“Ho! Ho! Ho! Now I have a machine gun!” Merry Christmas indeed!
[Uncle Buck title screen]
Got to love a decent slice of uplifting John Hughes/John Candy goodness.
Star Wars: Episode VII – The Force Awakens
Finally saw the ‘new’ ‘old’ Star Wars flick after avoiding spoilers for a year, and it was satisfyingly hokey. JJ Abrams did a great job melding together modern film tech with proper old school physical effects. Kylo Ren has a superb scary voice.
[Home Alone title screen]
Can you believe I’d never watched this? Surprisingly very enjoyable, with John Hughes on script duties, Chris Columbus directing, and a fresh-faced Macaulay Culkin as a kid left behind when his family go to Paris for Christmas. Cartoon violence, very likeable performances (Joe Pesci and Daniel Stern as the burglars in particular), zesty.
Superb (relatively) low budget meta superhero business, with Tim Miller directing Ryan Reynolds as an amoral mercenary-turned-costumed vigilante. Ultra-violent, witty, with touching relationships and economical scenes.
Precinct Seven Five
Not the most innovative documentary film, but certainly an interesting story – about corrupt police officers in the Brooklyn neighbourhood East New York in the 1980s. However, focusing on Michael Dowd means wider issues are never really explored – nor is the issue of IA cop Joe Trimboli finding himself under threat from bosses for starting to investigate the 75.
The Last Of The Finest
Written (in part) by stalwart movie guy George Armitage, directed by John Mackenzie (The Long Good Friday, A Sense Of Freedom), with Brian Dennehy leading a team of LA cops (Joe Pantoliano, Bill Paxton and Jeff Fahey) on the trail of a drug dealer, but the bosses are on their back, yadda yadda yadda… I definitely remember this being a lot better than it is. Once again my brain lied to me.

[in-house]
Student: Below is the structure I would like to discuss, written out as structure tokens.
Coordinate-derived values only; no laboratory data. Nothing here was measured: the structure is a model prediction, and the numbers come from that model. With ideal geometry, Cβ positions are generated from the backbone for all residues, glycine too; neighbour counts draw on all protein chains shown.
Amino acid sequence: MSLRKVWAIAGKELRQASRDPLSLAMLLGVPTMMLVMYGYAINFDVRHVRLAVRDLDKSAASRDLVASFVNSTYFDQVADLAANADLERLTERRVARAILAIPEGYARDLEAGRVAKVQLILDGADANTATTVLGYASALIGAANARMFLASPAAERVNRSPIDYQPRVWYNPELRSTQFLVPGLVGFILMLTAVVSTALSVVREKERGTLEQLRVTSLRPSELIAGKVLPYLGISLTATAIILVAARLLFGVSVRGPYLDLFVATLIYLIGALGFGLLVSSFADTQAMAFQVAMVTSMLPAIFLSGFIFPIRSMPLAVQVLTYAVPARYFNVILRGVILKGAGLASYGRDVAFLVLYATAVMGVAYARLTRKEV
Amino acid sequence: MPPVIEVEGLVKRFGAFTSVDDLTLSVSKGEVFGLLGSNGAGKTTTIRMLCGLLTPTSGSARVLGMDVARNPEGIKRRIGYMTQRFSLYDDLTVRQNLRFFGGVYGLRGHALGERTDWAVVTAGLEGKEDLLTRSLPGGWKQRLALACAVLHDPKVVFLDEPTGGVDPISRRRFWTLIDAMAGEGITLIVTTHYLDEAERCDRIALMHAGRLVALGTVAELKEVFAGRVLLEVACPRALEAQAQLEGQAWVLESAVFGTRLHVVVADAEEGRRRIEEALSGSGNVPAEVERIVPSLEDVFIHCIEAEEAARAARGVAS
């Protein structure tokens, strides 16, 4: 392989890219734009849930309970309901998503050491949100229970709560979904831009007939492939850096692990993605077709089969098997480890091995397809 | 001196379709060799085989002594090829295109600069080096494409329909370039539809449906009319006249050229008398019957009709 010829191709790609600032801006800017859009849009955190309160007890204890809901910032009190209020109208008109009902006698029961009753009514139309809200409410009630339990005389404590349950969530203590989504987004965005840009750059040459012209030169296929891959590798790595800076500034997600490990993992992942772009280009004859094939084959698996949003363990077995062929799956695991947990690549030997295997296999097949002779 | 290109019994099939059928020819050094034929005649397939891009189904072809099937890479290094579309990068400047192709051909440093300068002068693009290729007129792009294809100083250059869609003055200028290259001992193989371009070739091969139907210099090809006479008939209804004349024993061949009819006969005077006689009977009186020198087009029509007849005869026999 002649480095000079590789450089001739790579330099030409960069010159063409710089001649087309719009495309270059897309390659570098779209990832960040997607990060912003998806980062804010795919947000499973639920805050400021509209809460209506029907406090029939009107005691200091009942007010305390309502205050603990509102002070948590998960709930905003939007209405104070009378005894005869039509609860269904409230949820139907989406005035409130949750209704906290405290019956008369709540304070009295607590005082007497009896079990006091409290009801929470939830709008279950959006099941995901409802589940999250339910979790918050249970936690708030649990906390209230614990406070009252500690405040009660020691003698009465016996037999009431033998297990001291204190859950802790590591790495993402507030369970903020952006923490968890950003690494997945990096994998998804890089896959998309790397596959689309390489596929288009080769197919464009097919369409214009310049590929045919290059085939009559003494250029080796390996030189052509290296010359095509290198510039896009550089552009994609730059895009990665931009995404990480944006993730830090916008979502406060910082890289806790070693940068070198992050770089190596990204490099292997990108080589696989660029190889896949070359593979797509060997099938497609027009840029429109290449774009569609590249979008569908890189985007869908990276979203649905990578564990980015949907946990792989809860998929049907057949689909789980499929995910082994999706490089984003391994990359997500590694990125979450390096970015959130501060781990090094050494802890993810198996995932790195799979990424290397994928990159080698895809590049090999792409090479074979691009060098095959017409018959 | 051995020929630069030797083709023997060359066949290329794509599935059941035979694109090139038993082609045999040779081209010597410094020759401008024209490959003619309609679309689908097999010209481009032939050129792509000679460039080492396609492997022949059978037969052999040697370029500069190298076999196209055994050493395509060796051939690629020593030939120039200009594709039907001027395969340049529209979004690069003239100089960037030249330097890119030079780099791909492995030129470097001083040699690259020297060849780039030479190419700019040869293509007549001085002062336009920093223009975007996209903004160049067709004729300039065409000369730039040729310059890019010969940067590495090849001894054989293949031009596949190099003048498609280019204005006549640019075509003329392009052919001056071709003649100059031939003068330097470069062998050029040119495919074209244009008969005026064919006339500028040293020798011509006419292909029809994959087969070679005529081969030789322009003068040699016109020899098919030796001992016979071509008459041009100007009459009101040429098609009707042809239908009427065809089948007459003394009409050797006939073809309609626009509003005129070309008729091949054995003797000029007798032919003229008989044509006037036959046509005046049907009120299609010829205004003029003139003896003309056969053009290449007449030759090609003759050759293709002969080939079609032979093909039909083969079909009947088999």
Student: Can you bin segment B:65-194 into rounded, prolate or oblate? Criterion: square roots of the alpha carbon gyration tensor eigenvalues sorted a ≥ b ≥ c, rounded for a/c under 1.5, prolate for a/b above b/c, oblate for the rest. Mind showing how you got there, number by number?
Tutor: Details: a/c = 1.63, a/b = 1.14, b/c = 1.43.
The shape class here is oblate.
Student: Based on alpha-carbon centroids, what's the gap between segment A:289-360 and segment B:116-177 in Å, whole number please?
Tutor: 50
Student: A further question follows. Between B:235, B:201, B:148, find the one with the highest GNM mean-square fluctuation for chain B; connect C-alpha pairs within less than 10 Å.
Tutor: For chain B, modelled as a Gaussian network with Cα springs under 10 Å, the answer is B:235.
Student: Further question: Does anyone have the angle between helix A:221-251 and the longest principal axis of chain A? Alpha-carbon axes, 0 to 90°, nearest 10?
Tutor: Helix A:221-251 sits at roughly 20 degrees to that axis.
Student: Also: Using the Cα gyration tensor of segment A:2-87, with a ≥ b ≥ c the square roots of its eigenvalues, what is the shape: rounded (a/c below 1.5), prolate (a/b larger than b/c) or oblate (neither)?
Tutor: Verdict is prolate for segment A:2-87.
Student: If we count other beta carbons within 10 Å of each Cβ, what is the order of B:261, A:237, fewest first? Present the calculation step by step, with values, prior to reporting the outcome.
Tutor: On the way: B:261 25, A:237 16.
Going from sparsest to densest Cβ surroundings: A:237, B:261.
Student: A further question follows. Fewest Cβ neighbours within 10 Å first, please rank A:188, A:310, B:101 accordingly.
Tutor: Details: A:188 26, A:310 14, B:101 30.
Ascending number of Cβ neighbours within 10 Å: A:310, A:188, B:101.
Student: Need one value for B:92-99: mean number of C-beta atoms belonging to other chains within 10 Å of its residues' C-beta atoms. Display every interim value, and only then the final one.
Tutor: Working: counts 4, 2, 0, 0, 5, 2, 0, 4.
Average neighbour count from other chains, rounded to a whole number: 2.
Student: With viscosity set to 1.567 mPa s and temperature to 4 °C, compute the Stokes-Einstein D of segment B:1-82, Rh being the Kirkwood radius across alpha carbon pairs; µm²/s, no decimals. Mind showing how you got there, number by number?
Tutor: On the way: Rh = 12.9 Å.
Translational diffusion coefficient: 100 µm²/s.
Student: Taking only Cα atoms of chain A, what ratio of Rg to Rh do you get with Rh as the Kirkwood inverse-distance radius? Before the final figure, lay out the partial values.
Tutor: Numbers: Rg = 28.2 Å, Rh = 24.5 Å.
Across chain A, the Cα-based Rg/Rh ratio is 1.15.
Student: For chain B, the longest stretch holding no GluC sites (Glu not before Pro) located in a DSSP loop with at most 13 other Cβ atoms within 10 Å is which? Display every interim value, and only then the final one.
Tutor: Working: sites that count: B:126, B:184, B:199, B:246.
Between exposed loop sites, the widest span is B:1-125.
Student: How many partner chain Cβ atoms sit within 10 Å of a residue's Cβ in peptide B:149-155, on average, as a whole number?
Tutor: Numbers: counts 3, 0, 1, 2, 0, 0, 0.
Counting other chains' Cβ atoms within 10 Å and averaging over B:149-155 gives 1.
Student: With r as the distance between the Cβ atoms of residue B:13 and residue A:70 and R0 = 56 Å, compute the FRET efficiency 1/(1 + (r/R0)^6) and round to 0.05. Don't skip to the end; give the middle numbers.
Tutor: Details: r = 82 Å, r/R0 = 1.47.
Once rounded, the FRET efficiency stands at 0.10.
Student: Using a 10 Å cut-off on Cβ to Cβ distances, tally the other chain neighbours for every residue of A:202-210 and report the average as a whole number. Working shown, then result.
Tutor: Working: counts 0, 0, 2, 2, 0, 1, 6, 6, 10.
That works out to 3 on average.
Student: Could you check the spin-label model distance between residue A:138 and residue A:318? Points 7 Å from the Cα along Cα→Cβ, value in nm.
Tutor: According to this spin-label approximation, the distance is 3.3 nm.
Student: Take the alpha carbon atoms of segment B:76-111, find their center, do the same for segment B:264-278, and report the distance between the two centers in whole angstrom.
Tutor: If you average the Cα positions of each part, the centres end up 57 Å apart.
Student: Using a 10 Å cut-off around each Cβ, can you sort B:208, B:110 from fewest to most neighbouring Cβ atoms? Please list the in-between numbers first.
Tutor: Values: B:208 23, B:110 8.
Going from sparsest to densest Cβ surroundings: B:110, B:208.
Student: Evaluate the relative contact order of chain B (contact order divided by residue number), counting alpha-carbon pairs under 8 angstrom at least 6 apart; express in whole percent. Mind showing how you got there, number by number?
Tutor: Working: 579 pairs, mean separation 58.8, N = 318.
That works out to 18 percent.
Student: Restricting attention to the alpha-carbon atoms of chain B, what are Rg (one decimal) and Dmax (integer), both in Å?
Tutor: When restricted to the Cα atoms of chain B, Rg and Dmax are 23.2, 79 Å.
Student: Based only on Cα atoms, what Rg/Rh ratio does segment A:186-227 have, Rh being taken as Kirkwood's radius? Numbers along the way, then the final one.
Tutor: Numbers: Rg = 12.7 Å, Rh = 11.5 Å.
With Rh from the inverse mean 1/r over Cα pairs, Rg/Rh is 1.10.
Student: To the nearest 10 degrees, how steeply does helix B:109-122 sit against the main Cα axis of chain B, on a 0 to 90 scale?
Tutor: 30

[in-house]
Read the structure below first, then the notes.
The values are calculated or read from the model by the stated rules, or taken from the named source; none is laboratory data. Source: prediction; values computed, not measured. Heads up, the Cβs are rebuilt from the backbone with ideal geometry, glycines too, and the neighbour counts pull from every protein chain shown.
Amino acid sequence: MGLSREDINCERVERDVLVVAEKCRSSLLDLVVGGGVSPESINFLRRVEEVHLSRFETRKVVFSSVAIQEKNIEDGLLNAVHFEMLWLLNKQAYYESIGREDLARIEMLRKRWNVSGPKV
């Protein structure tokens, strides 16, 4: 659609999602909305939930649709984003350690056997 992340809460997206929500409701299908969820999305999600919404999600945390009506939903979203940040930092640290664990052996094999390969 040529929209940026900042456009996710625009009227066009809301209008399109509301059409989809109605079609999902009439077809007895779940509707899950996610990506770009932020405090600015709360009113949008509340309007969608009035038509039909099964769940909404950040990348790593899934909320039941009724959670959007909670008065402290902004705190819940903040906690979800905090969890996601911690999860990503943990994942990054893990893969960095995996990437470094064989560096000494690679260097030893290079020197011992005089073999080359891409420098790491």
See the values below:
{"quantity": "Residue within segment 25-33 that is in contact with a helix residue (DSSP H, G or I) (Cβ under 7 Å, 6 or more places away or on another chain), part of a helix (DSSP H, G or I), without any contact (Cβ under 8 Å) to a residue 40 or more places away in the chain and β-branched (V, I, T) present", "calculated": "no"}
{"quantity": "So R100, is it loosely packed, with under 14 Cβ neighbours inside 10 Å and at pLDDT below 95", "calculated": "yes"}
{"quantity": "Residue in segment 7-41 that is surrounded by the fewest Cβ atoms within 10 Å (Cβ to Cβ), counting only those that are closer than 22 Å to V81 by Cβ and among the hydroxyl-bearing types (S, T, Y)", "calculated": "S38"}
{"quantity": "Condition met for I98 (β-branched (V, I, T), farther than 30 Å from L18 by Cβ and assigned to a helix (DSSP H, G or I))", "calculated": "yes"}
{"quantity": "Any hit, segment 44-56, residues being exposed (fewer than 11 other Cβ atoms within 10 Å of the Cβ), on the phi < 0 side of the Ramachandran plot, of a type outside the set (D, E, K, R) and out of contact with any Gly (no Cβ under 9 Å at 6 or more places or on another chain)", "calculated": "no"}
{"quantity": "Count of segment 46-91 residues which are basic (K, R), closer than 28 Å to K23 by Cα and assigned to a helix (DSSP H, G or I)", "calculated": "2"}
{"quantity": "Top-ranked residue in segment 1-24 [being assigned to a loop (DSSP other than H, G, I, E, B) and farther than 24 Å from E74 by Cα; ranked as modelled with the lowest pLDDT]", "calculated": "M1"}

[The Godfather Part II title screen]
The Godfather Part II
[The Last Grenade title screen]
The Last Grenade
Grizzled mercenary Stanley Baker faces off against former comrade American soldier-for-hire Alex Cord in Hong Kong. Could have been much better if only it hadn’t got sidetracked with a tedious and melodramatic romantic subplot involving general’s wife Honor Blackman. Last film directed by Gordon Fleming, of Dalek movie fame.
[Tell Spring Not To Come This Year title screen]
Tell Spring Not To Come This Year
Fly-on-the-wall documentary about the Afghan National Army’s first year without NATO support in Helmand. From directors Saeed Taji Farouky and Michael McEvoy.
[Tombstone title screen]
George P Cosmatos brings together a sturdy cast including Kurt Russell, Val Kilmer, Sam Elliott, Bill Paxton, Powers Boothe, Billy Bob Thornton and Micheal Biehn and tells the tale of the gunfight at the OK Corral and subsequent Earp Vendetta Ride with aplomb. Rollicking old fashioned Western.
[Wyatt Earp title screen]
Lawrence Kasdan brings together a sturdy cast including Dennis Quaid, Michael Madsen, Gene Hackman, Isabella Rossellini, Tom Sizemore, Bill Pullman and Mare Winningham and tells the tale of the gunfight at the OK Corral and subsequent Earp Vendetta Ride with a plum. A PLUM NAMED KEVIN SODDING COSTNER. Turgid pseudo legend-building.
[The Getaway title screen]
Unnamed ice-for-blood getaway driver Ryan O’Neal tries to stay one step ahead of excitable detective Bruce Dern who is increasingly determined to nail him. With Isabelle Adjani as the woman who complicates matters. Sterling work from writer/director Walter Hill.
[Kiss Me Deadly title screen]
Kiss Me Deadly
Robert Aldrich’s noir classic, with punch-drunk private dick Mike Hammer scowling and sneering his way through early fifties LA as he tries to figure out why a hitchhiker he picked up (Cloris Leachman) was murdered. Superb on all levels.
[Detour title screen]
Early doors noir, with lovestruck loser Tom Neal drawn into a fast-spiralling nightmare, thanks to peerless femme fatalery by Vera Savage. Certainly the best known work by Edgar Georg Ulmer, if not his best.